11. What was absent, however, in the careful sentencing remarks of the trial judge was any statement by her as to what set of facts on which the accused was to be punished resulted from the jury’s verdict.


Judgment of the Court of Appeal

12. On the face of it, the appeal to the Court of Appeal did not raise the important issues of the construction of a jury’s verdict, or of asking a jury as to the meaning of their verdict, which are also raised on this appeal together with the issue of the correctness of the sentence in the context of sentencing ranges. The view expressed by Birmingham J at paragraph 10 on the issue of the construction of the jury’s verdict was as follows:

      it is going too far to say that the verdict returned by the jury must definitively mean that the jury concluded that the knife had been produced by Mr Mahon in order to frighten. This was but one of a number of possible routes by which the jury could arrive at a manslaughter verdict.

13. At issue was the correct interpretation of the circumstances of fault and the appropriate sentence. Birmingham J upheld the sentence, stating:

14. In this case, the Judge did not specifically address or rule on the submissions made to her. However, taking an overview of the case, it is the situation that the sentence imposed by her was quite typical of knife manslaughters. Eight years, a sentence a little higher than the sentence she imposed, was the sentence imposed by the Court of Criminal Appeal when resentencing in The People v. Dillon (unreported, Court of Appeal, 17th December, 2003), The People v. Kelly [2005] 2 I.R. 231 and The People v. Cooney (unreported, Court of Appeal, 27th July, 2004). These were all cases where a plea of guilty to manslaughter had been offered.

15. In this case there were aggravating factors, the deceased was followed from the apartment, a large knife was produced during the course of the altercation, Mr Mahon left the scene, medical assistance was not sought. The relationship between the accused and the deceased was of relevance. On the other hand, it was a case where a plea to manslaughter was offered in advance of the trial, and where the appellant came before the Court without any previous convictions of any real relevance. The sentence decided upon by the sentencing judge was not out of line with previous sentences in cases that might be regarded as broadly similar. It was in the Court’s view a sentence that fell within the available range and so the Court must dismiss the appeal.


Questions to a jury

14. A jury verdict convicts the accused by pronouncing guilt. Thereupon it is the function of the trial judge to sentence the accused. The narrative of the prosecution case accepted by the jury will, in the great bulk of cases, be clear. The prosecution must present a set of circumstances upon which an argument is based that the accused is guilty. By confirming that through their verdict, the jury is taken to have accepted the prosecution case beyond reasonable doubt. Often the accused will put forward an alternative scenario of events to assert innocence which, by rejection of the jury when delivering the verdict of guilty, has become irrelevant to the task of sentencing. Examples may help. The prosecution in a case may allege that the victim was attacked, but the accused claims that the force he used was justified by self-defence and was reasonably proportionate. If the accused is found guilty, that defence fails and ceases to be a factor in sentencing. In a case where a man is charged with fraudulently altering a will wherein he is a beneficiary, but defends the charge with a claim that the testator in the presence of witnesses dictated a codicil, he may call testimony to that effect. If the jury finding is guilty, that means that the jury found the elements of the prosecution case proven; thus necessarily involving the rejection of any defence case and any defence witnesses.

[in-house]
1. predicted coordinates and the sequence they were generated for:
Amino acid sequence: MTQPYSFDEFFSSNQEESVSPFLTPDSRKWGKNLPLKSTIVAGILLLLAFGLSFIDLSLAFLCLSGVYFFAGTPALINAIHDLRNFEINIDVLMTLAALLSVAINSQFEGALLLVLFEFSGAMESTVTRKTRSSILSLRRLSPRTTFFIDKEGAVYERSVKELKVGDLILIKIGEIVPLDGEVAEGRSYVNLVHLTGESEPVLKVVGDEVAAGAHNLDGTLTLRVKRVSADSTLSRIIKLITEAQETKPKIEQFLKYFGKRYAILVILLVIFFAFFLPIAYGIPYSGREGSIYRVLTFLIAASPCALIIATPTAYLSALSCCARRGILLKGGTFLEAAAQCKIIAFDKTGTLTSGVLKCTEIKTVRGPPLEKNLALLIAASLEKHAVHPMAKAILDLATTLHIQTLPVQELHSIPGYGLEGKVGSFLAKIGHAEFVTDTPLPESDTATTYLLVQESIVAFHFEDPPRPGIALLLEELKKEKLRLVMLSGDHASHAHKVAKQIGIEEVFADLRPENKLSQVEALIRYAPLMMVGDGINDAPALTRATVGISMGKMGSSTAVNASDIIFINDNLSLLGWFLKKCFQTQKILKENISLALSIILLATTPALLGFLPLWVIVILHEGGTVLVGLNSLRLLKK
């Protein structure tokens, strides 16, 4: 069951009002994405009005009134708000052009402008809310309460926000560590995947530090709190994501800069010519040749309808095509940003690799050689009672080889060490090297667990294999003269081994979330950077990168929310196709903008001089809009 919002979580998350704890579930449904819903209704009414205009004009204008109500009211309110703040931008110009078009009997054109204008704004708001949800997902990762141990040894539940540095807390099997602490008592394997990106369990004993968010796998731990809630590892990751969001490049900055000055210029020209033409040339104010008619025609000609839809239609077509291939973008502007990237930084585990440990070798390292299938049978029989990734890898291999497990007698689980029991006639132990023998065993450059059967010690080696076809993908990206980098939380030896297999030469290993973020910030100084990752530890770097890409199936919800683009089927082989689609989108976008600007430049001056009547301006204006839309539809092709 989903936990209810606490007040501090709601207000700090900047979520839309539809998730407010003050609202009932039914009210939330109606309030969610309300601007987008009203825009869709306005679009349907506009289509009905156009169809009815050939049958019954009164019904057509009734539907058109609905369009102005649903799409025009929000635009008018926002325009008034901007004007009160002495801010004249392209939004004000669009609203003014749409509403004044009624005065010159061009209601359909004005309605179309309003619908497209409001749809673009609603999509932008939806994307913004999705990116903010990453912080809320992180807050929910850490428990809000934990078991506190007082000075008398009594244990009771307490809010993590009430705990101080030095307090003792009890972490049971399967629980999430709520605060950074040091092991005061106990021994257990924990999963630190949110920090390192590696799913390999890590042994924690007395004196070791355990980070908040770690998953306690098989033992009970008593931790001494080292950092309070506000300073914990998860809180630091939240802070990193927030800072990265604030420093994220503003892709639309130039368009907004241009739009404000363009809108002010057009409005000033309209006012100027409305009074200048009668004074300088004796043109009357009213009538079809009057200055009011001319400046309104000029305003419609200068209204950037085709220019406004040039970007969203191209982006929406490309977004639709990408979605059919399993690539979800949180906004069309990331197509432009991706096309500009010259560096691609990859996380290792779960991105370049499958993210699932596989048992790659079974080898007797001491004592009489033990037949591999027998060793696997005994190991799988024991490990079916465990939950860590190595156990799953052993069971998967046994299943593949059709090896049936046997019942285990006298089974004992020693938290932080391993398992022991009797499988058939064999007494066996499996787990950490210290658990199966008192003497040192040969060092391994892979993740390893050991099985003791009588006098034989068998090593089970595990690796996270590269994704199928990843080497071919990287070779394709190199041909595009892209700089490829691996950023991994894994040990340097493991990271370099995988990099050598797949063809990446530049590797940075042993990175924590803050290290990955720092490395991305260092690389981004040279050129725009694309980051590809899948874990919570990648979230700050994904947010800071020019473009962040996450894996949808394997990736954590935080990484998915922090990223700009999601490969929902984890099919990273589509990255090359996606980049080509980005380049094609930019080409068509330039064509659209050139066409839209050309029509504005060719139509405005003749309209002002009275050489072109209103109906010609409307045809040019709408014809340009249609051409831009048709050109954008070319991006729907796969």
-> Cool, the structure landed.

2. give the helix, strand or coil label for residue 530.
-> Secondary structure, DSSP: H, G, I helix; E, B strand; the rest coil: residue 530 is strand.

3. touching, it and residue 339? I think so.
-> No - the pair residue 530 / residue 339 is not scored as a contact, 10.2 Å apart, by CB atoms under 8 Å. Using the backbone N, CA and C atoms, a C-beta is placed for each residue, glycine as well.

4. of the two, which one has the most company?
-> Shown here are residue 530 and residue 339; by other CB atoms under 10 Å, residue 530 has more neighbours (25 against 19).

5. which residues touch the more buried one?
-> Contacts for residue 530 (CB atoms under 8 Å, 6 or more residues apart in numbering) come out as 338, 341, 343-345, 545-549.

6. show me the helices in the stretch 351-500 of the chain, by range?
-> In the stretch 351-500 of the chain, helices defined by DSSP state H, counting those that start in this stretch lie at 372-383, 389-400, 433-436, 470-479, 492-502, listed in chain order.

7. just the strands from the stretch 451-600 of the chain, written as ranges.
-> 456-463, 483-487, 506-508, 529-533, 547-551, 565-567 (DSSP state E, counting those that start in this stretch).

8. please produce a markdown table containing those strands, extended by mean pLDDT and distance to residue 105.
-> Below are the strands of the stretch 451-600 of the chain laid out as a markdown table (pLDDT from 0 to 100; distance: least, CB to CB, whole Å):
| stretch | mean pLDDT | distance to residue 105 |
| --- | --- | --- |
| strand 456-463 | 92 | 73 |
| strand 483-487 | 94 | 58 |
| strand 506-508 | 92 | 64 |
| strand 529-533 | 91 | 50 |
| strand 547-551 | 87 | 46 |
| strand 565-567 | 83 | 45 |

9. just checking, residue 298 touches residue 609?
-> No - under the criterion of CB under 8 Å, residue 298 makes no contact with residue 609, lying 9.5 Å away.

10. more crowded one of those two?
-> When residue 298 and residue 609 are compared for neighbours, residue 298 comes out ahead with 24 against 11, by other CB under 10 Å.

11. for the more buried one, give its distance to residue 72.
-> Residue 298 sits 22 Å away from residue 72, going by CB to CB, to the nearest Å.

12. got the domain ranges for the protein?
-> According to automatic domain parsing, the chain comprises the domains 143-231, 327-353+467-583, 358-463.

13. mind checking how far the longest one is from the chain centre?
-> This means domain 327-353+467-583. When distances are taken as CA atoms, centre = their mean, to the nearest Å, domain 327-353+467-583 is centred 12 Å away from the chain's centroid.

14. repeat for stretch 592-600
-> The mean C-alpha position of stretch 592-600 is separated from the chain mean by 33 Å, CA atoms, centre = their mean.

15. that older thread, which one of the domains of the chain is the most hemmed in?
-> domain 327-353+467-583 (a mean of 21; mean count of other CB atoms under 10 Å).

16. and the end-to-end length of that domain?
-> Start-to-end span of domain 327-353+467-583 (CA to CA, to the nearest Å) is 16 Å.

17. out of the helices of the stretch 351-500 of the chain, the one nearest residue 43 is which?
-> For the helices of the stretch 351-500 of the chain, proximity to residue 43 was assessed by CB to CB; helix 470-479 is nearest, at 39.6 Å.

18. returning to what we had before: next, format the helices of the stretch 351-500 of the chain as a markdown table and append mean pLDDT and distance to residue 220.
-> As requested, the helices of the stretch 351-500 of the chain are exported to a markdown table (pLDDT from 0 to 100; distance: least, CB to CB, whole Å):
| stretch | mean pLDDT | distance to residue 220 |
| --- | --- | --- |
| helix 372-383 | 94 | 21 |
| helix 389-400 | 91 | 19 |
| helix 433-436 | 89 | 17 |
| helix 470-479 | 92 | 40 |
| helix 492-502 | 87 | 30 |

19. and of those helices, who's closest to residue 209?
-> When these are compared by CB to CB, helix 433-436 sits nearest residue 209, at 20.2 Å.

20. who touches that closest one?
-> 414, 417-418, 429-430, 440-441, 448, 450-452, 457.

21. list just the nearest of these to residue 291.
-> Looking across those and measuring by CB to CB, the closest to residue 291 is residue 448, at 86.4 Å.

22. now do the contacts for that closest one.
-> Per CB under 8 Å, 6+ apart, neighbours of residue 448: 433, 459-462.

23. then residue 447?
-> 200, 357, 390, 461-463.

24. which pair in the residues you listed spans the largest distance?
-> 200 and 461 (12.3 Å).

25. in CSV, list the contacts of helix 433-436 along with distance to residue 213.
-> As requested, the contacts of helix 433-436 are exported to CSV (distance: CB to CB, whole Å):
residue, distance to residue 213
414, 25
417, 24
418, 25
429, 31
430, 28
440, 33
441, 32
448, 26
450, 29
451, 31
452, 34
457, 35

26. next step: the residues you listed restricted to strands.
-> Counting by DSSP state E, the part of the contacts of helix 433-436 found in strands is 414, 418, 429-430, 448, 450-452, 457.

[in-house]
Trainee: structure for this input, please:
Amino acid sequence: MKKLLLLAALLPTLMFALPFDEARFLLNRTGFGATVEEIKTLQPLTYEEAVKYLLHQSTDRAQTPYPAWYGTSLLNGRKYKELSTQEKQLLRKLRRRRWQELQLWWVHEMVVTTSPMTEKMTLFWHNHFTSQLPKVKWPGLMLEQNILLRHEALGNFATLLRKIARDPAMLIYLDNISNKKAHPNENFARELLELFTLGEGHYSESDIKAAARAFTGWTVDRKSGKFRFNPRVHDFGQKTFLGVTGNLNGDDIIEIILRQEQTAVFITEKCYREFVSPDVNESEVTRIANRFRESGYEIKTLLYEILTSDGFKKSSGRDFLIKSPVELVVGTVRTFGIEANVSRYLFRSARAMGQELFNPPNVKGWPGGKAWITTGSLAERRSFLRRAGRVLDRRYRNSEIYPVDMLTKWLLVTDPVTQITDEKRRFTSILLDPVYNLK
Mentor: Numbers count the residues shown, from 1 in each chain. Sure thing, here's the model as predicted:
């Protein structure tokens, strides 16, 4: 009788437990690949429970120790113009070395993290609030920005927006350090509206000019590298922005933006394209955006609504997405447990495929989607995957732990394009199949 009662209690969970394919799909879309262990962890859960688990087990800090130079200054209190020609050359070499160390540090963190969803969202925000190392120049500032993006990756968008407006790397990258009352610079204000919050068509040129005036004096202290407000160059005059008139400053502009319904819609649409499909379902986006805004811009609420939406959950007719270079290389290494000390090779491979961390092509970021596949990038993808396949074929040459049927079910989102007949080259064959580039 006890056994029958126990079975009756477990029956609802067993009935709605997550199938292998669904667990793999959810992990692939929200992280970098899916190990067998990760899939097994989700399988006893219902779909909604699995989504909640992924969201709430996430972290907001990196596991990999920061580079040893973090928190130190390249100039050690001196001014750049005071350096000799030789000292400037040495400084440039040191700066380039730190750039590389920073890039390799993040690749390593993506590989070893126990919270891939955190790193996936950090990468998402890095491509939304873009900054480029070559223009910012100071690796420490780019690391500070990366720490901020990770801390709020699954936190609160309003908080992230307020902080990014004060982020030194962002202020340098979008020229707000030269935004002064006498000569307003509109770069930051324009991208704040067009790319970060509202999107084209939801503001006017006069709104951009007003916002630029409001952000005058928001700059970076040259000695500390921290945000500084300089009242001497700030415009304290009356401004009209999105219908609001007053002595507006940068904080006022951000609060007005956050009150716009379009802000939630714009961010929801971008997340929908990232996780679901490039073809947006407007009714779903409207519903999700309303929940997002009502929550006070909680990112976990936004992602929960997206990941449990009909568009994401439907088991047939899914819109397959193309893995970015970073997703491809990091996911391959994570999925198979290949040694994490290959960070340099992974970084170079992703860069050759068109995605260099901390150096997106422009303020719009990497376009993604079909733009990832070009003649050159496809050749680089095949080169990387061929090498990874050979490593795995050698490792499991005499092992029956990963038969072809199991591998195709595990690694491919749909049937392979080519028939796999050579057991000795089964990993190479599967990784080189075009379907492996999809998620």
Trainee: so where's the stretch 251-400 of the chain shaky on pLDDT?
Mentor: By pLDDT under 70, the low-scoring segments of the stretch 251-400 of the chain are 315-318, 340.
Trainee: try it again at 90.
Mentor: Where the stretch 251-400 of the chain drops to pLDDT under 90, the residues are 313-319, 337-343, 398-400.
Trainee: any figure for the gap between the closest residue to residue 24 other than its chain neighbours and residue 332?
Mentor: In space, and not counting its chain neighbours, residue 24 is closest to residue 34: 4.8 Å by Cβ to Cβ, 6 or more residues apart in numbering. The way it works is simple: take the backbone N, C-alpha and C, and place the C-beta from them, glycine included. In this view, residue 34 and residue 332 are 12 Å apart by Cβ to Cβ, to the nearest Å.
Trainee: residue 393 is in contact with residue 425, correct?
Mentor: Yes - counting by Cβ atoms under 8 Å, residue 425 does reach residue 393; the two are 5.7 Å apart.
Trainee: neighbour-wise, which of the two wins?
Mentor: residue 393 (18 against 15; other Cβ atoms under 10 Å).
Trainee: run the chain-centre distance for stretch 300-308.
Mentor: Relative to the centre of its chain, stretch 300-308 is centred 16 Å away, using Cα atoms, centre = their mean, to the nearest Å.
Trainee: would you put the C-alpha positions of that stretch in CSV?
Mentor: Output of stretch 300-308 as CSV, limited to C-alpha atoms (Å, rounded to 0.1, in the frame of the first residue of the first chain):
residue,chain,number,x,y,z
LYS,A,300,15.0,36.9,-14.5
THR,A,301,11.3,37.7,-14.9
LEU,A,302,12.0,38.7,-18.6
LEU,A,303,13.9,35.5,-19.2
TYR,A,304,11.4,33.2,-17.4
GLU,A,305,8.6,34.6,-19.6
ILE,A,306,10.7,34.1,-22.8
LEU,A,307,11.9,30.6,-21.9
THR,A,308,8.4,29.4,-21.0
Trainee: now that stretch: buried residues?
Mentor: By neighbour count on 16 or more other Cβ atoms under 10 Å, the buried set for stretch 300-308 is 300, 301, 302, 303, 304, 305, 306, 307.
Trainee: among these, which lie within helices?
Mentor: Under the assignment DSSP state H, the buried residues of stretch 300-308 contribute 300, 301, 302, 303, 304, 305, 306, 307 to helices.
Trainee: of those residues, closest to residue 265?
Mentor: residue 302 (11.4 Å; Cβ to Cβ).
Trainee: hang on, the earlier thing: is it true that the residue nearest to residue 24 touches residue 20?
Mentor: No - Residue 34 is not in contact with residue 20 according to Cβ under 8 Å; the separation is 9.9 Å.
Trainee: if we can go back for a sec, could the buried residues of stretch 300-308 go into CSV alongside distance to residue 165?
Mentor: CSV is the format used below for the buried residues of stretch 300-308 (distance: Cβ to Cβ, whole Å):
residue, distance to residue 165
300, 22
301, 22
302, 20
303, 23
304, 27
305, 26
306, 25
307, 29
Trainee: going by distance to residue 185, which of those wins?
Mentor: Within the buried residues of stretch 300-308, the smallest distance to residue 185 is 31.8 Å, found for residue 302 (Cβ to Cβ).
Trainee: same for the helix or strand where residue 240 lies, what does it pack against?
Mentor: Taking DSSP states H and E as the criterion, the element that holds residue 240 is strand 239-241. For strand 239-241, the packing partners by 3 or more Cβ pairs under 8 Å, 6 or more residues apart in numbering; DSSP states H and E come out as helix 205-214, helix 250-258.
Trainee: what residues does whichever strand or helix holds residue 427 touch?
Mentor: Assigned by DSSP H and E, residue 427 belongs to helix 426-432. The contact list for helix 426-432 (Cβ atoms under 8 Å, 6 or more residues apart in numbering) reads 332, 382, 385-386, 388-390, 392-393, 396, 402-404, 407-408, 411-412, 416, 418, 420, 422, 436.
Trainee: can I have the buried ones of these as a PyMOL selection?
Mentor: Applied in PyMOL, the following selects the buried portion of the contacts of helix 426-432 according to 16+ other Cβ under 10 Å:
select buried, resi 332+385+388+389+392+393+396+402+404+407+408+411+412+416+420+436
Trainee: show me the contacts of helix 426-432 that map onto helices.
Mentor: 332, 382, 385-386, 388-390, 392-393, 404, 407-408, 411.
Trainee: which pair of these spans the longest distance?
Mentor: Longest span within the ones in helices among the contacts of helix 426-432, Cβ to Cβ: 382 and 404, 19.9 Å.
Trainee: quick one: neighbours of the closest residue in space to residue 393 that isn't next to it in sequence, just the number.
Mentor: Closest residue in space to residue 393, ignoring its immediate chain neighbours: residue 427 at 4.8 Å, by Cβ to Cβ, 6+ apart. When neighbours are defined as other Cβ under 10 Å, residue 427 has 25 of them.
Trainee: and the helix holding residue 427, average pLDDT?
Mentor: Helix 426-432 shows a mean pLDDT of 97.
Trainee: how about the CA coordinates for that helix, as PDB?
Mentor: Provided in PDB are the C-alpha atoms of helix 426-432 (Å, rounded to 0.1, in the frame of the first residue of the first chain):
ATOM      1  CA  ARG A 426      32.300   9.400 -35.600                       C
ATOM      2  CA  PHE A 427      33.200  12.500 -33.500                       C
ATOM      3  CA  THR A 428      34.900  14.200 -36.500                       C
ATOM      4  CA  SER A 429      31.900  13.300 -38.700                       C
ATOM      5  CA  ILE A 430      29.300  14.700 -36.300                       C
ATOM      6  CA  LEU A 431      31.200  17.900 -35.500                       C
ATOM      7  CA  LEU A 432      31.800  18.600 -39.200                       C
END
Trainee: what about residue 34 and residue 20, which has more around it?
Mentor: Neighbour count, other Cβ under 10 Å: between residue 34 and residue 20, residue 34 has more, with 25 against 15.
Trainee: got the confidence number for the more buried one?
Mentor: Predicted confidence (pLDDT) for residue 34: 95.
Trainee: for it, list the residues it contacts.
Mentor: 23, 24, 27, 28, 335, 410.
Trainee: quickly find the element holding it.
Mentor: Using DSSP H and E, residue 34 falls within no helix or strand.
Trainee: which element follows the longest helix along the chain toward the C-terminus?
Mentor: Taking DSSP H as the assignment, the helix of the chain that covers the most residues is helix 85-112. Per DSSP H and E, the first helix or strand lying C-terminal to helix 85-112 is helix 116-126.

15. Very difficult cases may arise as to the true meaning of the verdict of the jury, but fortunately that is extremely rare. A woman may allege that the man she was living with raped her in the middle of the night and describe being forced to submit by threats at gun or knife point. Such a set of facts would tend to place the offence, carrying as does manslaughter an indeterminate sentence of up to life imprisonment, at the very highest point of any sentencing range. The accused, in the same case, may admit sexual intercourse in a statement to gardaí but assert that sexual intercourse happened while the victim was asleep in the context of a warm relationship where he may claim to have had unlimited consent. Sexual intercourse during sleep is, of course, rape. The facts, while serious and attracting a condign sentence, are different to the prosecution scenario. By rejecting that defence through a verdict of guilty, an issue may arise as to which scenario the jury were certain of; the extremely serious case of submission under threat of deadly force or the very serious taking advantage of the sleeping victim?